But independent forecasts and even the government's own projections tell a different story.
The government pointed CBC News to "a combination of industry estimates," several of which were written by Rick Miner, the president of Miner & Miner Ltd., a management consulting firm specializing in labour market issues.
Miner concluded that Canada will face a "major problem" with skilled worker shortages if nothing changes over the next 16 years.
But he told CBC News his projections are for overall labour and for skilled labour, not specific to the trades.
"I think you'd have a tough time finding somebody who is going to back that unless they have a real broad definition of both the trades and a broad definition of what they define as shortage," Miner said.
"If somebody said … right now there's a shortage of a million workers in the trades in Canada, I'd say that's an inflated number. That's not true."
Asked if he could point to labour data showing Canada would face a shortage of "one million skilled trades" workers over the next decade, Miner said he could not.
The government also pointed to a 2013 estimate by the Canadian Chamber of Commerce. But Sarah Anson-Cartwright, the chamber's director of skills policy, told CBC News those forecasts originated from Miner's older reports, which are not specific to the trades and have since been reviewed.
"The Canadian chamber does not cite the forecasts from Miner's 2010 and 2012 reports since they are out-dated now."
Skilled workers vs. trades
The government also pointed to a 14-year-old Conference Board of Canada report that found the labour shortfall could reach nearly a million workers by 2020.
But the non-profit think-tank revisited the report a little over a year ago and publicly said the so-called "million worker shortfall" was "not possible" and widely "misunderstood."
"In that same report, we explained that a worker shortfall is 'logically impossible,'" wrote Pedro Antunes, the deputy chief economist at the Conference Board of Canada, in a commentary published on Nov. 11, 2013.
"Essentially, the economy has to operate with the workers that are available — by substituting labour for capital and reducing production," he wrote.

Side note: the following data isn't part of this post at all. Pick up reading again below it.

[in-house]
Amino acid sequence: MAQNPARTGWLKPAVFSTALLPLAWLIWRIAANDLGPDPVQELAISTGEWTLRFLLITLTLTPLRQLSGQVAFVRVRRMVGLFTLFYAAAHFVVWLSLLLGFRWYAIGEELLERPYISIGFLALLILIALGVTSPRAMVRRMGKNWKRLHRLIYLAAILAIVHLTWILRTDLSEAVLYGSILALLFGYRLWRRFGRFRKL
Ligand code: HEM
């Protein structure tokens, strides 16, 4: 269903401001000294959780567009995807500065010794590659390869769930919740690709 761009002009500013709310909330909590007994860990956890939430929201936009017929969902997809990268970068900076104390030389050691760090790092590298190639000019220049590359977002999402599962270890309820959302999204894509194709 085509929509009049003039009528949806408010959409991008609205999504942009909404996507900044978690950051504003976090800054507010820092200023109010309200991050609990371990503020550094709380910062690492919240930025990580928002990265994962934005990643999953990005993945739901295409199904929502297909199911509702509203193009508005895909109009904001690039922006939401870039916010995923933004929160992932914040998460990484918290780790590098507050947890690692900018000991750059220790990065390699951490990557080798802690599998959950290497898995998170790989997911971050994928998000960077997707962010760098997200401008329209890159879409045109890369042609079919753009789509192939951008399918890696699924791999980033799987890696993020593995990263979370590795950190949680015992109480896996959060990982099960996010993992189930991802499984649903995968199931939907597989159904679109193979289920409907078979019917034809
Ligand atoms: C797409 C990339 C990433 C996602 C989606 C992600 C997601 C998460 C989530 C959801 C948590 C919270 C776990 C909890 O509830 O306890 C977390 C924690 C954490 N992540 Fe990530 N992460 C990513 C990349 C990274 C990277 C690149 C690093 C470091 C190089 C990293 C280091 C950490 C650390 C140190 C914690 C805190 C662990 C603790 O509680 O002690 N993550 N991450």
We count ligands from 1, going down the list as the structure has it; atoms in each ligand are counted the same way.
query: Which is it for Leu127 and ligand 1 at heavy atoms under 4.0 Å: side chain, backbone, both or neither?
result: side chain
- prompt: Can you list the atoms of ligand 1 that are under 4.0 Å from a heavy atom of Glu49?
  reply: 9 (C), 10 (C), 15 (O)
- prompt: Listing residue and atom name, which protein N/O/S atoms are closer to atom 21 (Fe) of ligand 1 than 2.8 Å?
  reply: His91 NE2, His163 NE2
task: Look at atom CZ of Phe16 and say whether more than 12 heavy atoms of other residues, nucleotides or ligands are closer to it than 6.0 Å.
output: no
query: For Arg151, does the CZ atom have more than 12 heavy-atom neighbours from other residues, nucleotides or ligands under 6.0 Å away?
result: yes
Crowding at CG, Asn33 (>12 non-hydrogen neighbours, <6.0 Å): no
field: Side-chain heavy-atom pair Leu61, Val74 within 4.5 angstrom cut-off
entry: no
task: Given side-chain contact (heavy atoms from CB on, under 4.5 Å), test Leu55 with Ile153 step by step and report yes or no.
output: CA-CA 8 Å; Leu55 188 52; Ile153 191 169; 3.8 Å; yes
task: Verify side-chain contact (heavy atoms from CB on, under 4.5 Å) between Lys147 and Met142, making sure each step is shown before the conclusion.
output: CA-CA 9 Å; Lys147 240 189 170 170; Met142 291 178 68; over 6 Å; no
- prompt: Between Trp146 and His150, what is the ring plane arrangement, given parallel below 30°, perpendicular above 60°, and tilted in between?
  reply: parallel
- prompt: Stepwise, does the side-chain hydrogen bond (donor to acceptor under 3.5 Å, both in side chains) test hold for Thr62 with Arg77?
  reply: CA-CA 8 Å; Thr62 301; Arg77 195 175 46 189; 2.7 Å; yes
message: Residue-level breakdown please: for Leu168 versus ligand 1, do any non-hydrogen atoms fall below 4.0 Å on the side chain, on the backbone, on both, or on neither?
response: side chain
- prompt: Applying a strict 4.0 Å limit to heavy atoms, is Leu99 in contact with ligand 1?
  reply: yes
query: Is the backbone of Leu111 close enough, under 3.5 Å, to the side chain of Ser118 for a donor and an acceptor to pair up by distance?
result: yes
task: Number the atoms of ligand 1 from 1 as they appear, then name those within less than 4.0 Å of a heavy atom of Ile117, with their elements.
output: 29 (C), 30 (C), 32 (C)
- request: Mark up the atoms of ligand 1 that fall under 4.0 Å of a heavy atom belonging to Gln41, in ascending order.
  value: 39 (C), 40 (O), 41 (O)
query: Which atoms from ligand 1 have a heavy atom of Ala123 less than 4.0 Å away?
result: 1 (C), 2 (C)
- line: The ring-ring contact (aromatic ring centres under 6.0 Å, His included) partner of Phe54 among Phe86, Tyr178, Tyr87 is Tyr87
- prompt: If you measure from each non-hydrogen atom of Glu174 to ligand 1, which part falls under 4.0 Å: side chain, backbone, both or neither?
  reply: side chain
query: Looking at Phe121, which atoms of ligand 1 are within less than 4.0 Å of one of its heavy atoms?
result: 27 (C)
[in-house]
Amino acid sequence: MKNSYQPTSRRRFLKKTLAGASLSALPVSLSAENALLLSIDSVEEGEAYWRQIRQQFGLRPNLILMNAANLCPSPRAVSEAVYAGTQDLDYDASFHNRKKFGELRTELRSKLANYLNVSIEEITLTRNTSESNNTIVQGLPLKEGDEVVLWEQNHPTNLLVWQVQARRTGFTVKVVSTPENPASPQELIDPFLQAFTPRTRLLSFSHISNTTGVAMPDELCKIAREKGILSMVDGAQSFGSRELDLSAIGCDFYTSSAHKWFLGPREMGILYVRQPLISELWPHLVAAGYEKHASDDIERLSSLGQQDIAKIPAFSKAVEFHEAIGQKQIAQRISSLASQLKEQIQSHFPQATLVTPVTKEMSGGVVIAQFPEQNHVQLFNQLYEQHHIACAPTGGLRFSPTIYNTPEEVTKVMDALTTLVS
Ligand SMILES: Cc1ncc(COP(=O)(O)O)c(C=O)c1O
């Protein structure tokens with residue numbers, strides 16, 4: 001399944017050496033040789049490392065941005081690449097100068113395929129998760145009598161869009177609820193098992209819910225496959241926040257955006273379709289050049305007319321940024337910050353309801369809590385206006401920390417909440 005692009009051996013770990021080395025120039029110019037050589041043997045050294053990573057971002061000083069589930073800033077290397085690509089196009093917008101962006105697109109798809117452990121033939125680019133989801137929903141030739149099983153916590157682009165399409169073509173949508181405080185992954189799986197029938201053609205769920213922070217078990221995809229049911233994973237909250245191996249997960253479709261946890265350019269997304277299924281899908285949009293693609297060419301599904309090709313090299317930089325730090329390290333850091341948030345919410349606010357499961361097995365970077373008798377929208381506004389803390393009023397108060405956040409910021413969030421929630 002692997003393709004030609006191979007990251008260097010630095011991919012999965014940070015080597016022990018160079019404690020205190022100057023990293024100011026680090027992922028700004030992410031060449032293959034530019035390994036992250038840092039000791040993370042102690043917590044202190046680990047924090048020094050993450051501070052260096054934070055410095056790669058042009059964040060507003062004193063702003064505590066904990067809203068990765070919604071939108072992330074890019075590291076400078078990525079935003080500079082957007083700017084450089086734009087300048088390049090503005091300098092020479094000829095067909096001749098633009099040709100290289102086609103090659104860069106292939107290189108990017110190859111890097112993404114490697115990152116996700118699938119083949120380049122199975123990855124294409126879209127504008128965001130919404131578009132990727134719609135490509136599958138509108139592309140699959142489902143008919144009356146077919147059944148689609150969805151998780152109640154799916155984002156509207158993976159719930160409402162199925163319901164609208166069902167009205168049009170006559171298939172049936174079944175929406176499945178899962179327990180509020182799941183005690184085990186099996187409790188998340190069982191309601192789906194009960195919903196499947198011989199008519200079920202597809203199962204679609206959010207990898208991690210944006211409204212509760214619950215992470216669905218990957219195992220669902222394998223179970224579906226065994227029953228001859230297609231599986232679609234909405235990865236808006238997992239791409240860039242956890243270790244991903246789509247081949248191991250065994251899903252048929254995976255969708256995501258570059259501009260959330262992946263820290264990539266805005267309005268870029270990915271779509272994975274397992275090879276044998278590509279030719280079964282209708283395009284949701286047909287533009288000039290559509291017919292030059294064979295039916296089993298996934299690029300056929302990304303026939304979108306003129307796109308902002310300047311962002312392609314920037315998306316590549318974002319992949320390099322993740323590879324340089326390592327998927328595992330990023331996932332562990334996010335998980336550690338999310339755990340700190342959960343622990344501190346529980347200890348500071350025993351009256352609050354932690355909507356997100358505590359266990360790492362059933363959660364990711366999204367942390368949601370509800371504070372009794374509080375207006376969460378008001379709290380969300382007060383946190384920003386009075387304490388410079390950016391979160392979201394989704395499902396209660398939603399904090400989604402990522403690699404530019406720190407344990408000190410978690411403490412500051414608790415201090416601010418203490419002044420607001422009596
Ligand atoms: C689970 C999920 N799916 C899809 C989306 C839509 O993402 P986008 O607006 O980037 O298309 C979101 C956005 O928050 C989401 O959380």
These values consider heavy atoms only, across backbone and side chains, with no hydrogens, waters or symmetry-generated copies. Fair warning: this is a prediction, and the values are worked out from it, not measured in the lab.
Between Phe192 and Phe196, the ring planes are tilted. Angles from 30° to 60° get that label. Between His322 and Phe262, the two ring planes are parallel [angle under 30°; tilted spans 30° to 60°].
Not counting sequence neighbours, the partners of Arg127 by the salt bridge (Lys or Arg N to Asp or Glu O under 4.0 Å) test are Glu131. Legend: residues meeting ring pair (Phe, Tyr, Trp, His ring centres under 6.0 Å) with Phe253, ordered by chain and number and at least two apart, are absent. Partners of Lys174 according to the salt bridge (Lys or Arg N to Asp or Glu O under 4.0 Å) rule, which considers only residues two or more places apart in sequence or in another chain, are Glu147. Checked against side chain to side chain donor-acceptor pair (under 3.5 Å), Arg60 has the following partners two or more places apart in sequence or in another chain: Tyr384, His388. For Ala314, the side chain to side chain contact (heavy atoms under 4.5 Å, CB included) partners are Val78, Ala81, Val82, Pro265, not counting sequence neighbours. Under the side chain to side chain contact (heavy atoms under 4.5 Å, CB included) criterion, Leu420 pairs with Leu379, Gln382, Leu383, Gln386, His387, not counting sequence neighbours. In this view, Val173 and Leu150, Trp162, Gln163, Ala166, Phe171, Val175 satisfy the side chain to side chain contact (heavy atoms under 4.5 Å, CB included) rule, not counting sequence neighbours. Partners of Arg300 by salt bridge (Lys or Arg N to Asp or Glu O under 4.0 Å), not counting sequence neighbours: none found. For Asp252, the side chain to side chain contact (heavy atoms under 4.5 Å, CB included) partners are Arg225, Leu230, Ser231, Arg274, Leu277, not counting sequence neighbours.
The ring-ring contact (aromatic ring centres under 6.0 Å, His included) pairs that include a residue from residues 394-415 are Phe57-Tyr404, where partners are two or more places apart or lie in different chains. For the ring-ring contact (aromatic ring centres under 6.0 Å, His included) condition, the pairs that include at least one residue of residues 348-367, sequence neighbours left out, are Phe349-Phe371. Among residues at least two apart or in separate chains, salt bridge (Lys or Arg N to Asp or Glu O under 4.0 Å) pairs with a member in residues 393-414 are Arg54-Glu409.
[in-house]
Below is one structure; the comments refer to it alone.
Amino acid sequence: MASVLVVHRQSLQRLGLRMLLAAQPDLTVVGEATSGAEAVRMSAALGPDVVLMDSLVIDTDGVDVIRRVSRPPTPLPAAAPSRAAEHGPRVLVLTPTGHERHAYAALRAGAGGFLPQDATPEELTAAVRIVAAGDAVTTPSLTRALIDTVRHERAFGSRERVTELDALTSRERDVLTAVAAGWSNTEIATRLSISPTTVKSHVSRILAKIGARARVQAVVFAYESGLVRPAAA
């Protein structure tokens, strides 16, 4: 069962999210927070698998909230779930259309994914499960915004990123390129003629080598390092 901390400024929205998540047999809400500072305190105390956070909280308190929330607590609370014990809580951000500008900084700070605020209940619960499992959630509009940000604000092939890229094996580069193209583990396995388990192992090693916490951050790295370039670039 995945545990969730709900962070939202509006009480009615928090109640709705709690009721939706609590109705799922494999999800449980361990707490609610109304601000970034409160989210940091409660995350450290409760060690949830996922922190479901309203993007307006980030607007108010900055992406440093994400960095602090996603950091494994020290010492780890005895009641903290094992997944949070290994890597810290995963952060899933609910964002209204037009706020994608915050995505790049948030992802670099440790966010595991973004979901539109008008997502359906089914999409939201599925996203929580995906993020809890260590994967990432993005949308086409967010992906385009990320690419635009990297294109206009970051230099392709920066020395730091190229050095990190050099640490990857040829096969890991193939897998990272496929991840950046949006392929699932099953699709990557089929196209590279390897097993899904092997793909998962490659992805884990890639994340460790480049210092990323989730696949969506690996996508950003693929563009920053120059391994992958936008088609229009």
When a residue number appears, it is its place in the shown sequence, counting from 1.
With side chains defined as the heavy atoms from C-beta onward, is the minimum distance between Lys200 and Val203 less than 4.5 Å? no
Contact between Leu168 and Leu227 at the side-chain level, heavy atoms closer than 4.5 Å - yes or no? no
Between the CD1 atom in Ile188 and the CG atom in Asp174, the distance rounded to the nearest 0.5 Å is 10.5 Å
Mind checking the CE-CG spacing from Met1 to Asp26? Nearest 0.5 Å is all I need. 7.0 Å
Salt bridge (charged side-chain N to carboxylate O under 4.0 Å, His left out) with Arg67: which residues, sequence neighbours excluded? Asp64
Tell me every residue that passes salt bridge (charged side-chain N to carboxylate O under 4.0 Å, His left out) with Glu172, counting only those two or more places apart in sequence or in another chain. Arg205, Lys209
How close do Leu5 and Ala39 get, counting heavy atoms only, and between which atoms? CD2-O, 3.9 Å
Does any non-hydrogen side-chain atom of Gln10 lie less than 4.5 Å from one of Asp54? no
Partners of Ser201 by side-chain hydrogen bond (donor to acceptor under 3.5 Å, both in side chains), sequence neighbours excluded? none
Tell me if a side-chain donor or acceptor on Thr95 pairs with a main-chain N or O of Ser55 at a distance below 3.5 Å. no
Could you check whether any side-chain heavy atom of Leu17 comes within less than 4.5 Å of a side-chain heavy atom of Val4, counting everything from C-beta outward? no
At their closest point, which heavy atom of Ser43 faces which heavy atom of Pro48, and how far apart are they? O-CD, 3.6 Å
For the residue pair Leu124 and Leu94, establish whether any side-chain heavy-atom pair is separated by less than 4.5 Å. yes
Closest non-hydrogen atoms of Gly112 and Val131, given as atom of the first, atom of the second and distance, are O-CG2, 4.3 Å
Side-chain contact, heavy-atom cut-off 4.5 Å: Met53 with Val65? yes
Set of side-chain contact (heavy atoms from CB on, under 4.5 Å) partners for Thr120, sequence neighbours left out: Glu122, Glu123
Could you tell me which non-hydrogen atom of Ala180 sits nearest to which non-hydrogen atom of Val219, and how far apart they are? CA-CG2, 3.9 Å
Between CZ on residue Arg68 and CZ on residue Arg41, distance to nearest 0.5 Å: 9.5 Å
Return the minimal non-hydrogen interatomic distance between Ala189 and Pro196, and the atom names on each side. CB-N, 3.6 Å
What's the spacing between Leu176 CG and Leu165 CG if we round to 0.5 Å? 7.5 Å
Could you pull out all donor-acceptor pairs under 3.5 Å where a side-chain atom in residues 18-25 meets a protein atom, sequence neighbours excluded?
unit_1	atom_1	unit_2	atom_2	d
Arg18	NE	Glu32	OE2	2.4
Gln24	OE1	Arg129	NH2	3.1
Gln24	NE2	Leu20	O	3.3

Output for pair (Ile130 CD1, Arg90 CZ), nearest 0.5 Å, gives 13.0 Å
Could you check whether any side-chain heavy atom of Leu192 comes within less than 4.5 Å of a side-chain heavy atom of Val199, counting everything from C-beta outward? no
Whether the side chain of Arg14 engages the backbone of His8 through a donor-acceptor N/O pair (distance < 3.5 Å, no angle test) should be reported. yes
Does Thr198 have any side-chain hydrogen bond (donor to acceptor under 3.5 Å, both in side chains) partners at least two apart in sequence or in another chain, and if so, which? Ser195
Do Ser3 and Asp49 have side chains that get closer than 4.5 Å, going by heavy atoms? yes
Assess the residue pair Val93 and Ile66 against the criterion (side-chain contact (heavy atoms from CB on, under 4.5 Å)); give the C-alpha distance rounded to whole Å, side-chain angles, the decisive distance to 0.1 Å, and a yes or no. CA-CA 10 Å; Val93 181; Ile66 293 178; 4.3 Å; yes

Antunes told CBC News the Conference Board of Canada saw fit to revisit the 2000 report because "we were seeing the number bandied about and it was an old forecast that was done over a decade ago."
He also said the decade-old report was about overall employment and not just about the trades.
"Trades is absolutely part of it but when we talked about skilled workers, it was in general … it was not specific to trades."
Shortages in 'high-skilled' jobs
In announcing the new loan in B.C. this week, Prime Minister Stephen Harper was more careful, citing "one million additional skilled workers" — not a shortfall of "trades" workers.
Even the government's most recent projections, by Employment and Social Development Canada, show that labour shortages over the period of 2013-22 are projected "mostly in high-skilled occupations."
According to the government's outlook, 47 occupations are expected to face shortages by 2022, with the majority of those in the health sector.
Only six of the 47 occupations facing labour shortages are in what the government calls "trades, transport and equipment," which includes electrical trades, heavy construction equipment crews and welders, among others.
The government does not give a projection for workers in the trades, but it does provide a forecast by different skill levels.
Occupations with significant health and safety responsibilities, such as firefighters, police officers and nurses, are assigned to skill level B, a category that also includes chefs, electricians and plumbers.
The report shows that while jobs in this wide-ranging category are "overall ... projected to be in balance" over the period of 2013-22, 18 occupations in this category are projected to face a shortage of 846,000 workers.
Other estimates in the mining, oil and gas, and construction sectors predict labour shortages ranging from 116,800 to as many as 300,000 workers over the next decade, depending on the industry.
Miner said part of the reason there is no national data specific to labour shortages in the trades is because there is an absence of good labour market data overall.
Even Employment Minister Jason Kenney has acknowledged a weakness in Canada's labour data and promised to take action, beginning with two new labour market studies at a cost of $14 million.
The new government ad also claims students registered in a Red Seal trade apprenticeship will be able to apply for "interest free" loans of up to $4,000 per period of technical training, but the terms of repayment make it clear the loan will have to be paid back with interest once the training is completed.
The government said ESDC consulted Advertising Standards Canada before airing the ads and verified that "requirements under the Canadian Code of Advertising Standards were met."
The department would not say how much it was spending on the 30-second television ad.Suggest a correction